Death and Dying
When I was in college, I was surrounded by nursing students. Nursing students comprised 25% of my university’s student body, and my roommate (one of my best friends from high school) was one of them.
This had its perqs — when I, the young design student, accidentally cut myself with an uncapped X-ACTO knife while exiting my then-boyfriend-now-husband’s car, I ran panicked into the dorm, flung the door open and screamed at my roommate “HELP ME I CUT MYSELF I AM BLEEDING THE KNIFE WASN’T STERILE!” I somehow managed not to bleed all over my design project, and my roommate promptly hung up her phone call, grabbed her nursing gear, cleaned me up and super-glued my thumb wound back together. (I am happy to report that all things healed and that my thumb is back to 100%.)
We, as all roommates do, would discuss our upcoming semesters and degree plans, and when it came time to register for our next set of classes, would talk more granularly about what the upcoming semester entailed. After sitting down and leafing through the catalog one evening near the end of a semester, we began discussing one of my roommate’s upcoming classes — Death and Dying.
The course description is as follows: “This course offers a unique and important perspective about cultural differences in death and dying. Personal attitudes and beliefs related to loss, dying, death, and bereavement will be explored. Cultural beliefs, rituals, and bereavement support strategies that may influence attitudes towards death and dying for a variety of ethnic groups are examined.”
We laughed a bit at how dismal this class sounded, but realized its importance, especially for the healthcare providers in-training whose roles are critical in helping family and friends cope and come to terms with the very real death and dying in their personal lives.
I am, for the first time, dealing with death and dying in my life. I’ve been incredibly fortunate to have had all four grandparents around for this long, but I found out a few days before Christmas that my Grandma has metastatic triple positive breast cancer and only has a few weeks (at this point maybe days) left to live.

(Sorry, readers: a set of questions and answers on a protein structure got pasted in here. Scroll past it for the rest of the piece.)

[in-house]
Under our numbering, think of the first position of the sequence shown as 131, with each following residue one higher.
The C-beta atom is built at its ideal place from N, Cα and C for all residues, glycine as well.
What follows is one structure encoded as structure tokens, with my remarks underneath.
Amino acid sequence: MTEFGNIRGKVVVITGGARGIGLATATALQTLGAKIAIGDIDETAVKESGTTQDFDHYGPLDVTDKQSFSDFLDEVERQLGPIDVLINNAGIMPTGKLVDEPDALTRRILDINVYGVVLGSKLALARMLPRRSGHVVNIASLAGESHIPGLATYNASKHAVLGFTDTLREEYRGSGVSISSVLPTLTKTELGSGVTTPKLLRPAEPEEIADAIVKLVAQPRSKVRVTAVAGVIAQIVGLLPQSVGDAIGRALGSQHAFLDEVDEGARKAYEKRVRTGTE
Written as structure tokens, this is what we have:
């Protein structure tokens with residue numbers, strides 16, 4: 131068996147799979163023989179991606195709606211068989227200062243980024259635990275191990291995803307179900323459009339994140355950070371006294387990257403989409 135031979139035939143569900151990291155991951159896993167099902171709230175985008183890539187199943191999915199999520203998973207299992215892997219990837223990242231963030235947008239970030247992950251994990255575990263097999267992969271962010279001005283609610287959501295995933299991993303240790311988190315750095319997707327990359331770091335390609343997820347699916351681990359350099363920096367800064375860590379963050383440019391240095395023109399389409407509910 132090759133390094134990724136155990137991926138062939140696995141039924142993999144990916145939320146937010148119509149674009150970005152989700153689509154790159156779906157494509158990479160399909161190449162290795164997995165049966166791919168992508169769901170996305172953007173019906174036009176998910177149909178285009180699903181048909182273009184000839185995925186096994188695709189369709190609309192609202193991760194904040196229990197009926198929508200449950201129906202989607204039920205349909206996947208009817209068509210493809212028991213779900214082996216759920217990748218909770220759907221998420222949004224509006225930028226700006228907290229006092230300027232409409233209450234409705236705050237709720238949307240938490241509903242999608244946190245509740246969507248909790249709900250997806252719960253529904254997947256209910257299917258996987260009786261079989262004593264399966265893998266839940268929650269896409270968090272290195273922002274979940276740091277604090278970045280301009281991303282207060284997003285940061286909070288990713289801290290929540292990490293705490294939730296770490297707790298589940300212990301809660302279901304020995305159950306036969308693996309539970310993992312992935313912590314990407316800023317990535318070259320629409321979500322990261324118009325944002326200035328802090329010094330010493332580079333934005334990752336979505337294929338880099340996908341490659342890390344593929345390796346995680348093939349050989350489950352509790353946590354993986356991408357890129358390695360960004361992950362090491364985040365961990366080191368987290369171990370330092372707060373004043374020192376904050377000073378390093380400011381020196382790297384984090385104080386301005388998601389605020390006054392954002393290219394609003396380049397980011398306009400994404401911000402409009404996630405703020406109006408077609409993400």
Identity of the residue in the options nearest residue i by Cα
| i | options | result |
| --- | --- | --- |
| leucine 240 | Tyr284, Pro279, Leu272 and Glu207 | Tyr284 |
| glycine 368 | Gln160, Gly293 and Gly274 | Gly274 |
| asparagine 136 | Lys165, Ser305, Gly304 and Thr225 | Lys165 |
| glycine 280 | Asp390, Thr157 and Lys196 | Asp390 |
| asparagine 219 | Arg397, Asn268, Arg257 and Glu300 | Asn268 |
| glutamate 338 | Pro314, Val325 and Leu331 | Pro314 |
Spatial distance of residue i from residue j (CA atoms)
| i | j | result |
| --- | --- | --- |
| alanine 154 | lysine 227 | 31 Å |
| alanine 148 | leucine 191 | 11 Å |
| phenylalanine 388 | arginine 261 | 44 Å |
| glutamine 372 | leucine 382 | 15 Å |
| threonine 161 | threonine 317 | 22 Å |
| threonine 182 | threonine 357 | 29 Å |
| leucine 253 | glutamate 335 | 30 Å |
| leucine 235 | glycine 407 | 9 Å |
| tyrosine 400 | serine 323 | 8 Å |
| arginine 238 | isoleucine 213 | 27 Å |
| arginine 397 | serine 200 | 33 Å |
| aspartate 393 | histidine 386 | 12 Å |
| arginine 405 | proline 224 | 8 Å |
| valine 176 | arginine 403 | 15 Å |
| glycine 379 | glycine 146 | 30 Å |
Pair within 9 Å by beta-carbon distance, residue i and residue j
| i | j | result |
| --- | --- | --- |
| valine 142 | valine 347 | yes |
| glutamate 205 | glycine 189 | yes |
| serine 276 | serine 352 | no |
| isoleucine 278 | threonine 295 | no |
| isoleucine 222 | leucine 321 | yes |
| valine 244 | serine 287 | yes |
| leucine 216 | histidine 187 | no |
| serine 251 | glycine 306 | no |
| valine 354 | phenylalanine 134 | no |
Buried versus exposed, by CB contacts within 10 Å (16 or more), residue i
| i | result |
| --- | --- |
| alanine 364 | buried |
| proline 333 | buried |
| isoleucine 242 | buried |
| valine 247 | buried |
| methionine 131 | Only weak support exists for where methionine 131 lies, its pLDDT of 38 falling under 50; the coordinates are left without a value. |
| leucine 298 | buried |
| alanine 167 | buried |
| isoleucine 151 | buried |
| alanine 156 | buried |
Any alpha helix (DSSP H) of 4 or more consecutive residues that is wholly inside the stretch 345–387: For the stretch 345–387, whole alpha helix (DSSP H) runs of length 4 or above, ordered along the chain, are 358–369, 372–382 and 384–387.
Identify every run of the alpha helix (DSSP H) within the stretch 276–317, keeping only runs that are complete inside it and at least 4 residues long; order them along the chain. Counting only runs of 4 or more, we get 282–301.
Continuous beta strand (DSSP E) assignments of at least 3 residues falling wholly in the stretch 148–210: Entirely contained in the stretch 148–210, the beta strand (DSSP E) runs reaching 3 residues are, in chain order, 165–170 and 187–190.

The news was devastating at first.
As I’ve become further removed from the moment I received that phone call from my mom, I’ve been able to process and begin to grieve, and in most moments, I feel like I can move on from this.
In some ways, this news was comforting. My Grandma has lived with Multiple Sclerosis for as long as I can remember, but her life with MS began long before my memories do. She’s a stubborn woman (I mean this in the most affectionate way possible) and has lived independently for most of her life, but the MS slowly creeped its way into control of her movement and body. After a few months of her bones inexplicably breaking, it was comforting to finally know why.
Despite this glimmer of comfort, grief seems to creep in and take hold of me, and my ability to see any good ebbs away as quickly as the high tide recedes.
I am in and out of feeling fine and feeling incredibly sad. For the most part, I feel fine. The biggest struggle for me at this moment is seeing how much pain my Grandma’s impending death is causing my mom and uncles, and I feel utterly helpless and somewhat conflicted about my own reactions to this situation.
Is it wrong for me to be okay right now? This helplessness is incredibly foreign. I don’t really know what to do or say in order to be there for and best support my family. Is it okay for my family to seem more emotional but for me to feel somewhat at peace? Does it make me insensitive or uncaring, or is it that am I being strong for them?
Once my Grandma passes, I know the waves of sadness and unending tears will return, but for now, I am okay. I’m stable, and grateful.
We’re lucky we still get this time with her and each other. We’re lucky we’ve had 75 years and 5 days with her. Life will be emptier when she leaves, but we’ll make new memories in the life we have without her, and think of her fondly in those new, sweet moments that, without her, would never have been possible.
written January 4, 2016
published April 26, 2016, the last day of the 75 years, 3 months and 29 days my Grandma lived.
Rest peacefully, Grandma. You are so loved.